The Belief Book

This is another one of the books that has been sitting on my desk for longer than it should have. This post contains affiliate links. Thank you for your support of kindism.org I don't remember where I first heard about The Belief Book by David G. McAfee and Chuck Harrison, but I do remember coming across very positive things about … Continue reading The Belief Book

Parenting Beyond Our Past: A Resource Guide

Very glad to have found this resource guide! I’ve already read How To Talk So Kids Will Listen and Listen so Kids Will Talk and Siblings Without Rivalry and found them to be helpful. Look forward to exploring the other things listed as well!

Homeschoolers Anonymous

Simple Things

Photo Credit: Darcy Anne

“Train up a child in the way he should go……”

I have yet to meet a religious homeschooler who can’t finish that scripture from memory. If you’re like me, you grew up in a very authoritarian, punitive family environment. Punishment and pain, both physical and emotional, were believed to be the best means to teach a child “the way he should go”. Spanking and instant, cheerful obedience to authority were the norm, with many other kinds of punishments used as retribution for a child’s wrong-doing. Parents were the ultimate authority, and children had no choice but to obey or be punished, sometimes very harshly. I honestly didn’t know there were any other ways to parent. Either you spanked and “trained” your children, or you let them run wild and that meant you didn’t love them.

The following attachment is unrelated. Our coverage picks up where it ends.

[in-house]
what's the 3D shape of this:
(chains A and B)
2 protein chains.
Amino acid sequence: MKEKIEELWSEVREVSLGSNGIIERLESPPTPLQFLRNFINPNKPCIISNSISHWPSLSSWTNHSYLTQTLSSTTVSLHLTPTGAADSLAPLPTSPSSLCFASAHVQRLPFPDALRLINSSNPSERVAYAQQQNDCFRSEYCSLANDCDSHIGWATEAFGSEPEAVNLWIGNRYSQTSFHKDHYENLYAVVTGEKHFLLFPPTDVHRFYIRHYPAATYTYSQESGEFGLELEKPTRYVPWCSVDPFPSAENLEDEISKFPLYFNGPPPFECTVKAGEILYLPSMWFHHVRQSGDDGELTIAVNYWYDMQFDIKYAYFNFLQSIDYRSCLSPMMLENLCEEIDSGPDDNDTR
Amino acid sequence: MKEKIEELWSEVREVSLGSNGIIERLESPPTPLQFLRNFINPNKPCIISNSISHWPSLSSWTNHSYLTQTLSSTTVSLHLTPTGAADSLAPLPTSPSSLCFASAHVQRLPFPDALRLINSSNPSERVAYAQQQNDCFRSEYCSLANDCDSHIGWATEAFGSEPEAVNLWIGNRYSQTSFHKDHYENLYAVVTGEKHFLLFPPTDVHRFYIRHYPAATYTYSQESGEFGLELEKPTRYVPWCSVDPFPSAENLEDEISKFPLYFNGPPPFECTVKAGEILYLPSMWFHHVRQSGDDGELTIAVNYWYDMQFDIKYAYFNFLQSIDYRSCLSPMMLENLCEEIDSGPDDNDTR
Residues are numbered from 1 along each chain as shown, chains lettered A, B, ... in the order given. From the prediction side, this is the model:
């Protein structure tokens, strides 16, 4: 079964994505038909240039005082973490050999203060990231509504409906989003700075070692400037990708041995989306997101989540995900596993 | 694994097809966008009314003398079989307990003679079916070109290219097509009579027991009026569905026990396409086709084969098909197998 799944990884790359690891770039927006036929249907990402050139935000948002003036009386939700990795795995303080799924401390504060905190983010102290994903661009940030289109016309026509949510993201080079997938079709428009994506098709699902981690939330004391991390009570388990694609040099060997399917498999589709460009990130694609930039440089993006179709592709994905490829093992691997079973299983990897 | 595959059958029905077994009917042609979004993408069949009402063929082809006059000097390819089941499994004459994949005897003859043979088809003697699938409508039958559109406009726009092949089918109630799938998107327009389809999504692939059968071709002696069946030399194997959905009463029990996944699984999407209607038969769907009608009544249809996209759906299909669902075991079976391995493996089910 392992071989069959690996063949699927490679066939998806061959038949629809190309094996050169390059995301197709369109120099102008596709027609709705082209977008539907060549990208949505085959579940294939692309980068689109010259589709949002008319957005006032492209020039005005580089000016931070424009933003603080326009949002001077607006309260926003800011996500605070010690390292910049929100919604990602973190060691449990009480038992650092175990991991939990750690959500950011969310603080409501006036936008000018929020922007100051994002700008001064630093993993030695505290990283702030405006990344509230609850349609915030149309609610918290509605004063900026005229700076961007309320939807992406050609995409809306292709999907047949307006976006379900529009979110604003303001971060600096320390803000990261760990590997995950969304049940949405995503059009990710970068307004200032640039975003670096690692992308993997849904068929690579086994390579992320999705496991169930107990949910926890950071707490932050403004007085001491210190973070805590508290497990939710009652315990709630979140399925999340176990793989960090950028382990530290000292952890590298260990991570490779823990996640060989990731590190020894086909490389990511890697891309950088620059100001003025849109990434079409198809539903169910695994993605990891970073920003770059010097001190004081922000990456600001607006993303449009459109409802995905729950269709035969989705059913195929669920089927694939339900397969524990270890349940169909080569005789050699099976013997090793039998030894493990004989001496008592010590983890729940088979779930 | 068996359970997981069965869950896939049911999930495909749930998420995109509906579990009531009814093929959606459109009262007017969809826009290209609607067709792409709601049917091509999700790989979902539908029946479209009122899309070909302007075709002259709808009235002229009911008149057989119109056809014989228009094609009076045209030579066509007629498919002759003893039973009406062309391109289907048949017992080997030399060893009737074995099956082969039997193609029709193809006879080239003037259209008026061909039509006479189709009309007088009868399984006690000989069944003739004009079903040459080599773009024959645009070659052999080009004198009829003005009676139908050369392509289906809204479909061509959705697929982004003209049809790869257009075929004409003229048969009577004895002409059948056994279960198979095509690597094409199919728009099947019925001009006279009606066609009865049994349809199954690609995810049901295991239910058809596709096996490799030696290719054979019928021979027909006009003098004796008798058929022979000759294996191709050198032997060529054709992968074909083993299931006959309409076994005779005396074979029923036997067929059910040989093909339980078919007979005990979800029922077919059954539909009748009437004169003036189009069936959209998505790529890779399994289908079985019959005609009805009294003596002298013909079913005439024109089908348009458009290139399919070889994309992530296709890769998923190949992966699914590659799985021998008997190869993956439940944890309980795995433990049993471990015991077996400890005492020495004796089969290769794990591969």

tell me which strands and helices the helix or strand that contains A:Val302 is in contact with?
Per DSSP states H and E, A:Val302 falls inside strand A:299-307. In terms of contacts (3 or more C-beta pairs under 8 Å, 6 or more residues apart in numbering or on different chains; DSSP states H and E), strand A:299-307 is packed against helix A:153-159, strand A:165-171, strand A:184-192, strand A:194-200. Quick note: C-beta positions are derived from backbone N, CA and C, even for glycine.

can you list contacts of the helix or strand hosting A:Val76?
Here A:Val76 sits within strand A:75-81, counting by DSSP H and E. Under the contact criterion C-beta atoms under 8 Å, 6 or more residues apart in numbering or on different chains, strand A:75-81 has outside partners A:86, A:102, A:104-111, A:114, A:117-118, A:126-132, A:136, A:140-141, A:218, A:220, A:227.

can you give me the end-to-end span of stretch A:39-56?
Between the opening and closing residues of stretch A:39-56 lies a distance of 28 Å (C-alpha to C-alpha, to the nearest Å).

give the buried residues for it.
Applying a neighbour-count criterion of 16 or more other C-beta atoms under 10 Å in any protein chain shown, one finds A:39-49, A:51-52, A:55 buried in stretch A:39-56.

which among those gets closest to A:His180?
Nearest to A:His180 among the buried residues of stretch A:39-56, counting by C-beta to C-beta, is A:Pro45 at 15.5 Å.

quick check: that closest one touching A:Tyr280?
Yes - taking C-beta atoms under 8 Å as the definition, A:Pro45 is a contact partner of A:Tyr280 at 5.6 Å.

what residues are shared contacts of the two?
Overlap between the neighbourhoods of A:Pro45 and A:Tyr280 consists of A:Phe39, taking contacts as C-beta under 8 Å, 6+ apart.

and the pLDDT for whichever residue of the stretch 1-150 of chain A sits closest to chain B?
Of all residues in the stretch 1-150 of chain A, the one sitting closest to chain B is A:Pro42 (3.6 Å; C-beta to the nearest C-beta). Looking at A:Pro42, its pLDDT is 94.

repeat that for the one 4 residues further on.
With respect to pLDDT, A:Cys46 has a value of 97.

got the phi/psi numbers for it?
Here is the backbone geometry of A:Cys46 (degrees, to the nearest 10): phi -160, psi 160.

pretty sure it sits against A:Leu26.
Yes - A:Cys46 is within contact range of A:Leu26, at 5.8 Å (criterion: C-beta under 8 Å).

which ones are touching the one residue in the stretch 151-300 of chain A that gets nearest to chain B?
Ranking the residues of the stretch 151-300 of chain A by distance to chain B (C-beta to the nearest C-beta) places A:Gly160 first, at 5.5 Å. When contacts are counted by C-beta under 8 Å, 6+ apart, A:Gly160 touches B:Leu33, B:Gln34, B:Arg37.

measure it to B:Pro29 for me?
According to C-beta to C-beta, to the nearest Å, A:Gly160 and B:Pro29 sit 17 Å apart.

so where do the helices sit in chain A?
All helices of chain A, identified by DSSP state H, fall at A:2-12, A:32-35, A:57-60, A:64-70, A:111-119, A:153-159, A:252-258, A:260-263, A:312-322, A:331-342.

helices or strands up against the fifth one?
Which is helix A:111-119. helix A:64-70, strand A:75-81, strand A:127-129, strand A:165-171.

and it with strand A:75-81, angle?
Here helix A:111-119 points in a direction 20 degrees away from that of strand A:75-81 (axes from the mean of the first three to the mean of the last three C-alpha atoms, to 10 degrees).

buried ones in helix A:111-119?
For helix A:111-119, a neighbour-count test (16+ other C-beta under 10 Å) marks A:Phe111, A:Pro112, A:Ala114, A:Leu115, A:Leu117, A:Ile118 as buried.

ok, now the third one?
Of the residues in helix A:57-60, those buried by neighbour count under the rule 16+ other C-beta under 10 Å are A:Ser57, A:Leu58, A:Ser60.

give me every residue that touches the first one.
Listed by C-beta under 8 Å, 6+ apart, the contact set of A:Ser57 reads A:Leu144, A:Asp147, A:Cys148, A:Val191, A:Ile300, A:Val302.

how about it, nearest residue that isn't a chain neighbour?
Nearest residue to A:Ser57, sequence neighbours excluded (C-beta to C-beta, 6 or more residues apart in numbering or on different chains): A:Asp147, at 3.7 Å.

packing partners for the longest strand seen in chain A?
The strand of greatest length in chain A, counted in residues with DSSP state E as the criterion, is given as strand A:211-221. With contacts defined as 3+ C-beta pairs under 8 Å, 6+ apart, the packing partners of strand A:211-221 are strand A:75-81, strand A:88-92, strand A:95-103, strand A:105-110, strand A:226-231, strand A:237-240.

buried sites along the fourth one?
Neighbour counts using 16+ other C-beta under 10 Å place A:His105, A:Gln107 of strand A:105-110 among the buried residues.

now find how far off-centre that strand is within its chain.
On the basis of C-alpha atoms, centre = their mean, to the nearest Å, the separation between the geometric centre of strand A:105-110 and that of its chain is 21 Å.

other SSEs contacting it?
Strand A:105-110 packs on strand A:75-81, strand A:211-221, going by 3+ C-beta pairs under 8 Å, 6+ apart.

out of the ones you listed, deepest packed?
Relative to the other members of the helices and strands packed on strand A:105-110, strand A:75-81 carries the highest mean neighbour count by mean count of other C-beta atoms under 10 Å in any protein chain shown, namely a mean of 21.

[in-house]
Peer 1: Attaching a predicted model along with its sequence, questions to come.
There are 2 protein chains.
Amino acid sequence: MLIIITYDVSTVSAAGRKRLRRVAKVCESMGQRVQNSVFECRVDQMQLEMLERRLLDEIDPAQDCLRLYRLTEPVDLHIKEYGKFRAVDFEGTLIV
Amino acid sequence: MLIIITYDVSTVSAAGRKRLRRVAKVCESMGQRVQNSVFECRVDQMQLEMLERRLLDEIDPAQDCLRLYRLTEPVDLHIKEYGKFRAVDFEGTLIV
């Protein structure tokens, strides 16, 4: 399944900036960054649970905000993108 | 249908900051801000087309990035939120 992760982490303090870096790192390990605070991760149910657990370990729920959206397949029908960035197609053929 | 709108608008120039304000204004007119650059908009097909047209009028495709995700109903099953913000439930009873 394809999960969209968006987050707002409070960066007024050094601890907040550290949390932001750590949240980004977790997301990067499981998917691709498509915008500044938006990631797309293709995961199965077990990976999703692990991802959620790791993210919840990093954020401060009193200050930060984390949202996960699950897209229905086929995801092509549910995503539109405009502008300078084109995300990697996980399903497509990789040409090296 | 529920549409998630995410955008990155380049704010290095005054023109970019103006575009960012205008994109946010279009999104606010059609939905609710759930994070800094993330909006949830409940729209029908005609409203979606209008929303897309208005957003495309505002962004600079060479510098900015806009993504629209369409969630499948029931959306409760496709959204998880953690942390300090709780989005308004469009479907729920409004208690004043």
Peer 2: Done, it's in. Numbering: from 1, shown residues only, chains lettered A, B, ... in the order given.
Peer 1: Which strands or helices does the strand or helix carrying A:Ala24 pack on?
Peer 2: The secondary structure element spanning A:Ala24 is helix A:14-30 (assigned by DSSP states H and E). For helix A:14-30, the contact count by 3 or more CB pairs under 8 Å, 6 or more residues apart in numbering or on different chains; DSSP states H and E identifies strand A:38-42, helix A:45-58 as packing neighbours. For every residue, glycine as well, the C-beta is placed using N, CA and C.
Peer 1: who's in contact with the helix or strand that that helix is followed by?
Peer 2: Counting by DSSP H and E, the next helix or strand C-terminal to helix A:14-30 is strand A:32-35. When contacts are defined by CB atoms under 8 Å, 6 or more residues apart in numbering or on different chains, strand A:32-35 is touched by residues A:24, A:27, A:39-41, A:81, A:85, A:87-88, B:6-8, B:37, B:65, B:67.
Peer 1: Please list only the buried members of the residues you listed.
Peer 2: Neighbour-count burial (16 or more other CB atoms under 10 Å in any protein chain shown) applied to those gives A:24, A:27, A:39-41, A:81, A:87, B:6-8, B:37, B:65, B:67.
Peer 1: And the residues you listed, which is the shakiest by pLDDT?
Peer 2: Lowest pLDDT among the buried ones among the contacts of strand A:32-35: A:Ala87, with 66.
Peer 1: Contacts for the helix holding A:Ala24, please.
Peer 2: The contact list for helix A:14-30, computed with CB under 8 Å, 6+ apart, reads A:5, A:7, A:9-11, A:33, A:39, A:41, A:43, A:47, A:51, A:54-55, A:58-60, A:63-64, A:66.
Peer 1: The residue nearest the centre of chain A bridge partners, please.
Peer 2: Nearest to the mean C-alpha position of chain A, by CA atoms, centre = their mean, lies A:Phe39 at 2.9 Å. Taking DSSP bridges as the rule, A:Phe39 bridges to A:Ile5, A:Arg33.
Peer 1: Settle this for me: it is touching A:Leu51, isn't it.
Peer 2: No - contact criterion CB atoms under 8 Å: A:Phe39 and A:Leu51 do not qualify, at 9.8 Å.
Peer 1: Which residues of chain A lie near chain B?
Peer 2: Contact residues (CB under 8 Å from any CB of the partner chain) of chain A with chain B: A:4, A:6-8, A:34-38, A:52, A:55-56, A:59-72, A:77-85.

We were the generation influenced by “child training” teachers like the

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go do gratitude

I’m reclaiming “gratitude” from its saccharine Christian Science use. Lets ignore the bad grammar and do gratitude.

Atheopaganism

This is the third installment of a 13-part series exploring the Atheopagan Principles, as described in my essay “Godless Heathen“. To read the whole series, click the tag “Atheopagan Principles” in the tag cloud at right.

Principle 3 of Atheopaganism is, I am grateful. But constraints of language make even this seemingly simple concept obscure and confusing. Grateful for what? When? All the time? How is that possible?

This is because “grateful” is an adjective, and as such appears to describe a quality to characterize a person: Bob is red-haired, blue-eyed, right-handed, and grateful. Right?

The way the English language addresses gratitude implies that it is something you either are or aren’t, like being tone deaf or French or coffee-colored. But that isn’t correct.

Gratitude is something you do. If it weren’t bad English, Principle 3 would be, “I DO gratitude”.

Gratitude is a way of filtering and interpreting information…

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